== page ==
Ph.D. student to present diabetes research at conference next week

Aileen Marcello, Ph.D. candidateA Marshall University doctoral student will present her diabetes research next week at a conference focusing on the central nervous system.

Aileen Marcelo, a Ph.D. candidate in the university’s biomedical sciences program, will present a poster at the Barriers of the Central Nervous System Gordon Research Conference and will give a talk at the conference’s student seminar. The conference and seminar will be held June 16-22 at Colby-Sawyer College in New London, N.H.

The conference will bring together clinical and basic scientists who are at the forefront of research into the system of regulatory interfaces between the blood and brain. This system is essential to brain function and has a major impact on the course and treatment of many neurological conditions, including stroke, Parkinson’s disease, multiple sclerosis, Alzheimer’s disease and epilepsy.

Although there is considerable scientific evidence implicating diabetes as a major risk factor for many central nervous system diseases, there have been few studies investigating the effects of diabetes on this blood-brain barrier. Marcelo’s research project, “The Role and Regulation of Vascular Endothelial Growth Factor (VEGF) at the Blood-Brain Barrier (BBB) in a Rat Model of Diabetes,” explores this connection.

She works in the lab of Dr. Richard Egleton, assistant professor in the Department of Pharmacology, Physiology and Toxicology at the university’s Joan C. Edwards School of Medicine.

Marcelo recently received one of eight Summer Thesis Research Grant Awards presented to outstanding graduate student researchers at Marshall. Each award provides $500 to cover the cost of expenses associated with thesis research. Award recipients were chosen on the basis of the quality and significance of their thesis research, the likelihood that the research will eventuate in a completed thesis and justification of the need for support. Funding for the awards was provided by the Marshall University Research Corporation.

Dr. Piyali Dasgupta to chair a special session at Experimental Biology 2012

Piyali Dasgupta, Ph.D.Dr. Piyali Dasgupta has been invited to chair a special session at the Experimental Biology 2012 conference in San Diego. The minisymposium that she will be leading is entitled “Modeling Cancer: Biological and Therapeutic Implications.”

The invitation to chair the special session came from the Director of the Division of Experimental Pathology for the American Society for Investigative Pathology (ASIP). Dr. Dasgupta is a member of the ASIP and has regularly presented at Experimental Biology over the past few years, including several oral seminar presentations. Experimental Biology is an annual meeting that draws almost 14,000 scientists and exhibitors. Scientists attending represent universities, academic institutions, government agencies, private corporations, and non-profit organizations. Participating societies include the ASIP, the American Association of Anatomists (AAA), the American Physiological Society (APS), the American Society for Biochemistry and Molecular Biology (ASBMB), and others.Dr. Dasgupta is Assistant Professor in the Department of Pharmacol­ogy, Physiology, and Toxicology. She was named “Outstanding Graduate Faculty Advisor of 2011” at the Joan C. Edwards School of Medicine. Her research examines the effects of nicotine (the active component of cigarettes) in regulating cellular responses, such as programmed cell death and cell growth, in the context of lung cancer.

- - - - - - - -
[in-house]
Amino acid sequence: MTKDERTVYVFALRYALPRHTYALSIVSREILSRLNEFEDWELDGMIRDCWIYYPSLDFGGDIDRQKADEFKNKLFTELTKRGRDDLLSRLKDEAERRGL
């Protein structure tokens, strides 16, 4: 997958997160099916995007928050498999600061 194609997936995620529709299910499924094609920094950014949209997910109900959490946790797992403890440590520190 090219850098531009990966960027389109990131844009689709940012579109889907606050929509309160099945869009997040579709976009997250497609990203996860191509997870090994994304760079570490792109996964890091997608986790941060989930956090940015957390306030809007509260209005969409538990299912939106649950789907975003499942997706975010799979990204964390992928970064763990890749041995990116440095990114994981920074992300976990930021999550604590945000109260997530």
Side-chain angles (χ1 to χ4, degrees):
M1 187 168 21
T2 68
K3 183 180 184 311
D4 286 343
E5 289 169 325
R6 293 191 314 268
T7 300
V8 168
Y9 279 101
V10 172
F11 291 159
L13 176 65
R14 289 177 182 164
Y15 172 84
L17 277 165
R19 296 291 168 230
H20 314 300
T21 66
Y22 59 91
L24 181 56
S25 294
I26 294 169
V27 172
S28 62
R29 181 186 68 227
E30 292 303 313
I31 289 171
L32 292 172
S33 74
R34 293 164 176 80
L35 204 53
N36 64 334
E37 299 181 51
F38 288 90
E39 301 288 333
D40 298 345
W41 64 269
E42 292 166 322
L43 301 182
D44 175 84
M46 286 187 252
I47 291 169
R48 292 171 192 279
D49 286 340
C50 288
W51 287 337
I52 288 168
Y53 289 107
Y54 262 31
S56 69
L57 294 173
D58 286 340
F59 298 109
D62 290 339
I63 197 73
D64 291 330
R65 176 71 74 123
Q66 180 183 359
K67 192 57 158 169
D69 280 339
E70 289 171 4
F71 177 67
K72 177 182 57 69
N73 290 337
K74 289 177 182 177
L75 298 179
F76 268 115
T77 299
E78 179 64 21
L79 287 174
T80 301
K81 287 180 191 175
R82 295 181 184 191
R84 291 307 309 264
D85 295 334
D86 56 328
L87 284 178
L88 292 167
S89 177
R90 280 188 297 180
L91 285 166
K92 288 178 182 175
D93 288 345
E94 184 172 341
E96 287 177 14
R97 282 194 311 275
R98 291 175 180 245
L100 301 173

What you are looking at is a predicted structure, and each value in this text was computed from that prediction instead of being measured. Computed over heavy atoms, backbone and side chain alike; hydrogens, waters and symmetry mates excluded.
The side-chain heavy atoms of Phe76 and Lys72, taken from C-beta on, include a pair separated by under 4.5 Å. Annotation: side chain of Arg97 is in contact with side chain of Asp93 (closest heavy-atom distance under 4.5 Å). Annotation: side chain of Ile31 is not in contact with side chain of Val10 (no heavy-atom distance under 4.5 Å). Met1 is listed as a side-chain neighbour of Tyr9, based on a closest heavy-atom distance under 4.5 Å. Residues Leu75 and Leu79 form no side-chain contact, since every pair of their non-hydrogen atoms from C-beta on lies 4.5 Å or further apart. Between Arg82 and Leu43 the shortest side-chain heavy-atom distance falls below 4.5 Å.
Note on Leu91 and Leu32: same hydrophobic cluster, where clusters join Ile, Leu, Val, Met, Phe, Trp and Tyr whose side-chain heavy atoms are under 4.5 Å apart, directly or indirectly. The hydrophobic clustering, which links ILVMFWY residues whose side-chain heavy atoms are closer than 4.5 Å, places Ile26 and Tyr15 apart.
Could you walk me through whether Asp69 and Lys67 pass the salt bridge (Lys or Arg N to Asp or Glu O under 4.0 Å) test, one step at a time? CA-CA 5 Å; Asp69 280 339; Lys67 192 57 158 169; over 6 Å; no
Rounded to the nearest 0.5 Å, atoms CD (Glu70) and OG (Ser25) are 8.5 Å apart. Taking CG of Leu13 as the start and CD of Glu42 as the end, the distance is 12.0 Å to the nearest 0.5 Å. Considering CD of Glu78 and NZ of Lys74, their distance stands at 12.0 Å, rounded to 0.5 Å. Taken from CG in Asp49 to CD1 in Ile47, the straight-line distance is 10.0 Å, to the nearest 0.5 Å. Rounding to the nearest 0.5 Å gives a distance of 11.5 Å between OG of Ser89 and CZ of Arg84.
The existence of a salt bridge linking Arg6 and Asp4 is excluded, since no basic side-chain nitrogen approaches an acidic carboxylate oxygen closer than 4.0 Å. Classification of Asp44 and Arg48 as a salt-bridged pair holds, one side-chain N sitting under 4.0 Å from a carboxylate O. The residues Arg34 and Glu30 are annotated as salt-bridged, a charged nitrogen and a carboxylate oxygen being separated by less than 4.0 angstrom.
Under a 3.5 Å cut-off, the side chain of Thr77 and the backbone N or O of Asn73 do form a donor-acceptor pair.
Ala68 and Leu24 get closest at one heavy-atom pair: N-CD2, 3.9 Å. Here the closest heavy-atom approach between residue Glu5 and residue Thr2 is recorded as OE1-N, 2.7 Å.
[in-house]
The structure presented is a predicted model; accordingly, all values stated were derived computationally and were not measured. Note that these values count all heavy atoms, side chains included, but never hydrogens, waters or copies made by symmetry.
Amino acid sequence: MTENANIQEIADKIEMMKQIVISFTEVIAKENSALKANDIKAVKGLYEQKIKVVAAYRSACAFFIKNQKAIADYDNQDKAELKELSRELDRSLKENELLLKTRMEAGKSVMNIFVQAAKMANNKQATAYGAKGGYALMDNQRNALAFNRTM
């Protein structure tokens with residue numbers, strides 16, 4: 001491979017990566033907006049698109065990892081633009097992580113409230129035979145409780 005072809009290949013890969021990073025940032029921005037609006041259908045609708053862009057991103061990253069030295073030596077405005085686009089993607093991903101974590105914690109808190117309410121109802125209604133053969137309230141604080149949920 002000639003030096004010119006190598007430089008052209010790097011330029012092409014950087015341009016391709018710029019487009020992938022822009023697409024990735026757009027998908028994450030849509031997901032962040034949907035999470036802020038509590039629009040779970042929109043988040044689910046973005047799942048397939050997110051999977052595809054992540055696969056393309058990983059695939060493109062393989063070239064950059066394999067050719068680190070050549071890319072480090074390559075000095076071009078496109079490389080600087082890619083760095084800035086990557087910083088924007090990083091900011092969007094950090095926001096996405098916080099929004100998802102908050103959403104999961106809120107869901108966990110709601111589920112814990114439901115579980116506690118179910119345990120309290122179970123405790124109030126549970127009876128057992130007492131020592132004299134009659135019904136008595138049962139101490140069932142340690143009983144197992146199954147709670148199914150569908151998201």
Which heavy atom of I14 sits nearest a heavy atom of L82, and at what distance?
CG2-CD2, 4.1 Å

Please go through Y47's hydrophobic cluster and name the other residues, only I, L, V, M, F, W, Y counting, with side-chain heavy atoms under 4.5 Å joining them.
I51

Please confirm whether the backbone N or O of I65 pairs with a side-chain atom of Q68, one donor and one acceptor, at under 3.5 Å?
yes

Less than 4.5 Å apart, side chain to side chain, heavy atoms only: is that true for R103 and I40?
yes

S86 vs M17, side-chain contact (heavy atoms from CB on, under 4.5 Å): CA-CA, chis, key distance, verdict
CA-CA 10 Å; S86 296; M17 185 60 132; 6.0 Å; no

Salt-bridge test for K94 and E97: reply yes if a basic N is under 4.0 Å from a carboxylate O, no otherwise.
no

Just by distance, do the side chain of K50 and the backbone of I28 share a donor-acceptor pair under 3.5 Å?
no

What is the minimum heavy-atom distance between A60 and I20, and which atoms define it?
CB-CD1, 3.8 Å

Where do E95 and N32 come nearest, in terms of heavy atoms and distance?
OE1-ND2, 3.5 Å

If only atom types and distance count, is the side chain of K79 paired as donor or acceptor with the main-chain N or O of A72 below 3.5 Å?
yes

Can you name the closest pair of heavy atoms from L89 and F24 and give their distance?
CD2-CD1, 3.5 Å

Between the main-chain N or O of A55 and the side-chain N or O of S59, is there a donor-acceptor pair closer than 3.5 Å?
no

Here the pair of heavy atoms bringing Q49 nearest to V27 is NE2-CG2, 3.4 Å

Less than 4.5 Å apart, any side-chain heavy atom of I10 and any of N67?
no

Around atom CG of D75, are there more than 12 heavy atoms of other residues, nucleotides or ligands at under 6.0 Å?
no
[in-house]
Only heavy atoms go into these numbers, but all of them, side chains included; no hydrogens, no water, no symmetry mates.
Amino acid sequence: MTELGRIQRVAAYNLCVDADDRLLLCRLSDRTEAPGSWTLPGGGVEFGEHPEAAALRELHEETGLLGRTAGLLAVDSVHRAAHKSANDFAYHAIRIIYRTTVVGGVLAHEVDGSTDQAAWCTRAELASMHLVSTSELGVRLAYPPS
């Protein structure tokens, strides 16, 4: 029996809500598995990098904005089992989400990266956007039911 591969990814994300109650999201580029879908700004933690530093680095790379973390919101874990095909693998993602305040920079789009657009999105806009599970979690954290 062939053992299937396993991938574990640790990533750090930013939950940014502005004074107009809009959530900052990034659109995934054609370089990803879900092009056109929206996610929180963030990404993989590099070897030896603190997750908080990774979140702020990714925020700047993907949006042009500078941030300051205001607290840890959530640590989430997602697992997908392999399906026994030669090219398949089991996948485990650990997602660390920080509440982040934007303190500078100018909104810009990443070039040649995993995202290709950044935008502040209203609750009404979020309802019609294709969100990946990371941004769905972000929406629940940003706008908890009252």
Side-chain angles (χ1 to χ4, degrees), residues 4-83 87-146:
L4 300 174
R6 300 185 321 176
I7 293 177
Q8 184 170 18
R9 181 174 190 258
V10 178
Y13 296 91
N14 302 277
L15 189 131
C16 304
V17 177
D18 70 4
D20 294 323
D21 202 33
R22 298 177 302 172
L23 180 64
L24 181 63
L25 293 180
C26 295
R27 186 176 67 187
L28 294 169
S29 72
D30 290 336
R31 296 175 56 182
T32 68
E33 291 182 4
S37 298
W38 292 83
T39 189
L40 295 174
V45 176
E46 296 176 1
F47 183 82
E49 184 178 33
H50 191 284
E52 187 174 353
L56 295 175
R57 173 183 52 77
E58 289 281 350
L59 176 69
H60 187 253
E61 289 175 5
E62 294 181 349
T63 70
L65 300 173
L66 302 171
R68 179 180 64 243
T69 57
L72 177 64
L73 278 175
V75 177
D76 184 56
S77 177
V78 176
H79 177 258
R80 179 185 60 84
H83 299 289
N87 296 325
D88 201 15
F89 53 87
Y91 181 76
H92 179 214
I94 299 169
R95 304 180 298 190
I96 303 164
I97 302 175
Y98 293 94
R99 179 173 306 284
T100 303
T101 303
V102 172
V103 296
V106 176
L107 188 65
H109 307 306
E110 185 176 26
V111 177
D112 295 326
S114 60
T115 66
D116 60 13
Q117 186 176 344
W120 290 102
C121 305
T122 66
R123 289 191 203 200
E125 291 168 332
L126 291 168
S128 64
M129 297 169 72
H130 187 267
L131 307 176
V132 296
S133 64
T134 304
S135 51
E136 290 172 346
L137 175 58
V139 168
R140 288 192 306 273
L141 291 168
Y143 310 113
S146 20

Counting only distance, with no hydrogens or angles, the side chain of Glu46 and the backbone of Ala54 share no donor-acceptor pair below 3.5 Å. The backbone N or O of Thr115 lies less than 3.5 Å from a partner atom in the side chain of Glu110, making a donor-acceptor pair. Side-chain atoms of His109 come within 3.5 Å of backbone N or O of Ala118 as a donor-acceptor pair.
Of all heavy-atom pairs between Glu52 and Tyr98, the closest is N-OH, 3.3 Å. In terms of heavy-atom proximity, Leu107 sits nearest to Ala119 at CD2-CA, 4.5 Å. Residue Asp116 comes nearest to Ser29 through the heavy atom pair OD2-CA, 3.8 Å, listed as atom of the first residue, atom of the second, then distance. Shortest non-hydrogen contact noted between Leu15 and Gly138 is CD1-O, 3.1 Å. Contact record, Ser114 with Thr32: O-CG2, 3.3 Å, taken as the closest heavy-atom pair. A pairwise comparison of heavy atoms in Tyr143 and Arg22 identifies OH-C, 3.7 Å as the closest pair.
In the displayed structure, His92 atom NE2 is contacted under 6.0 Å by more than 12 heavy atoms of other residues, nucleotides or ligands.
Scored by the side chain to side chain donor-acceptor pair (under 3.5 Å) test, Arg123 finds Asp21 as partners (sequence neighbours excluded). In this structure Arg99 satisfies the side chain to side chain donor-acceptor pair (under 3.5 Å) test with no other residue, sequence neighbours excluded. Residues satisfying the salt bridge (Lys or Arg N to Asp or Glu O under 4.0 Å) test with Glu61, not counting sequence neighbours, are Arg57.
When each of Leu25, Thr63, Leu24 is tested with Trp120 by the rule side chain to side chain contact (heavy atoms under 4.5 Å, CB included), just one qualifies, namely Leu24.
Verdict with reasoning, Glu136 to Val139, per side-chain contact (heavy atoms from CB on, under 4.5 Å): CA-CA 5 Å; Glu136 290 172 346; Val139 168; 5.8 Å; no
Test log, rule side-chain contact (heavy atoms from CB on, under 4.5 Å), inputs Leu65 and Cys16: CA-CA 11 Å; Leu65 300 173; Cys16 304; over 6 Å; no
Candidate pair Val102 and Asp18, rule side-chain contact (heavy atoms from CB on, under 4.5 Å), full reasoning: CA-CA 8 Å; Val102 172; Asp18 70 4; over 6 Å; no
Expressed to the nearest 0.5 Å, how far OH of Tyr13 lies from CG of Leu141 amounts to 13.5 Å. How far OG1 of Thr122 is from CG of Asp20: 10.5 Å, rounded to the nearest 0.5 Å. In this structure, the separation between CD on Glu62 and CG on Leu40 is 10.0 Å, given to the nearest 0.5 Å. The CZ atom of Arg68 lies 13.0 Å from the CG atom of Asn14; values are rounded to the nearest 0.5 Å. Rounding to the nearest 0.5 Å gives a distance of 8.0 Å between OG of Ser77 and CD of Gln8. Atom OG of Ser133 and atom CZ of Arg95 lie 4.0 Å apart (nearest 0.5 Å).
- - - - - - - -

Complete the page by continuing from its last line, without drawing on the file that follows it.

Being asked to chair a session at such a prestigious conference is quite an honor. Congratulations, Dr. Dasgupta!

Clayton Crabtree receives grant from Sigma Xi to study diabetic retinopathy

Clayton CrabtreeA Marshall University biology student has been awarded a grant to conduct research on diabetic retinopathy, a common eye disease during which excessive growth of blood vessels causes damage to the retina.

Clay M. Crabtree, a senior from Kenova, will receive the $1,800 Grants-in-Aid of Research award from the national science society Sigma Xi. The award will help fund his project to test potential treatments for the disease, which is the leading cause of blindness among working-age Americans.

According to Crabtree, cigarette smoking is a risk factor for diabetic retinopathy because nicotine promotes the growth of blood vessels.

“Agents that can block the actions of nicotine should be useful for the treatment of diabetic retinopathy,” he continued. “My research involves testing three of these compounds for their ability to block the growth of new vessels in the retina.”

Crabtree’s mentor, Dr. Piyali Dasgupta of Marshall’s Department of Pharmacology, Physiology and Toxicology, said the grant will give Crabtree the opportunity to further his education through hands-on experience conducting research that could have a real impact on the health of people across the region.

“The findings from Clay’s project will be highly relevant to West Virginia because our state has a large number of diabetic patients who are active smokers,” she added. “It is a very commendable achievement to receive one of these grants and I look forward to seeing his project progress.”

Sigma Xi promotes the scientific enterprise and honors scientific achievement. The organization’s Grants-in-Aid of Research program, with funds designated from the National Academy of Sciences, provides undergraduate and graduate students with up to $2,500 for vision-related research.

Students use the funding to pay for travel expenses to and from a research site, or for purchase of laboratory equipment necessary to complete their research project.

According to Sigma Xi, the Grants-in-Aid of Research program is highly competitive and only approximately 20 percent of applicants receive funding.

For more information, contact Dasgupta at (304) 696-3612.